Sunday, February 17, 2013

When Sylvia met Ted

11/02/2013 by Andrew Wilson - We Love This Book

Fifty years ago today, poet Sylvia Plath took her own life. Biographer Andrew Wilson reveals the night she met future husband, Ted Hughes

On 25th February 1956, twenty-three-year-old Sylvia Plath stepped into a roomful of people and immediately spotted what she later described as a “big, dark, hunky boy”. She asked her companions if anyone knew the name of this young man, but she received no answer. The party was in full swing and the freeform rhythm of the jazz – the ‘syncopated strut’ of the piano, the seductive siren call of the trumpet – made conversation difficult. Sylvia, in Cambridge studying on a Fulbright scholarship, had been drinking all night: a lethal line of ‘red-gold’ Whisky Macs at a pub in town with her date for that night, Hamish Stewart. The potent combination of Scotch and ginger wine had left her feeling that she could almost walk through the air. In fact the alcohol had had the opposite effect; as she had been walking to the party she had found herself so inebriated that she had kept banging into trees.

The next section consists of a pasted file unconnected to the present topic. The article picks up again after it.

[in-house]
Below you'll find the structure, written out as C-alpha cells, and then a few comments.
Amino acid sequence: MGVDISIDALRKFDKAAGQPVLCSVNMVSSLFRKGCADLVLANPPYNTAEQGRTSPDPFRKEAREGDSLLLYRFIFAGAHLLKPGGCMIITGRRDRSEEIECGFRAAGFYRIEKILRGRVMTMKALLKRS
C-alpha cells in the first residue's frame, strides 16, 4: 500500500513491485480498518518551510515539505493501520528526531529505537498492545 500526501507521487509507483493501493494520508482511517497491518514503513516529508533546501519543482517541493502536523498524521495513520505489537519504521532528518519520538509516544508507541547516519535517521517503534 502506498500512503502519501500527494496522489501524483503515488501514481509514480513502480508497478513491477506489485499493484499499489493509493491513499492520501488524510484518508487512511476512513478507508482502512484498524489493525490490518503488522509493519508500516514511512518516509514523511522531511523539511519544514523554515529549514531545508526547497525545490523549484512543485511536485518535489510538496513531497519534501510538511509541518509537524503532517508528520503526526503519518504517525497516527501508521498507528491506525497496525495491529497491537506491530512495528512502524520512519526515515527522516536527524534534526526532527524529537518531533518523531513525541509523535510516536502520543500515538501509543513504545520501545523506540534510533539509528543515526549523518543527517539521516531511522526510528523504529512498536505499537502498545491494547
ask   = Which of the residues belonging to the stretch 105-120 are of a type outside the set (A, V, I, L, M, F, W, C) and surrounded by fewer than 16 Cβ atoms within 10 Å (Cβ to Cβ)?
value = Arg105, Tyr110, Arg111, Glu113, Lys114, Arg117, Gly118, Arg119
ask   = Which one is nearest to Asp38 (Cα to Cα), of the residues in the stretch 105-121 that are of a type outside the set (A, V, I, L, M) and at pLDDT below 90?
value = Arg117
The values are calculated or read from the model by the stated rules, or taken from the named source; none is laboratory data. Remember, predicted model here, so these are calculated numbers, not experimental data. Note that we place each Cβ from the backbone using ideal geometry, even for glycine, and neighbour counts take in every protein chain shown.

On arrival at the Women’s Union – the venue in Falcon Yard chosen to celebrate the first issue of the slim literary journal the St Botolph’s Review –  Sylvia saw that the room was packed with young men in turtleneck sweaters and women in elegant black dresses. Counterpointing the jazz, the sound of poetry was in the air: great chunks of it being quoted back and forth like rallies in a game of literary dominance and seduction…


Mad Girl's Love Song by Andrew Wilson is published by Simon & Schuster.

Photo credit: The Lilly Library Indiana University.

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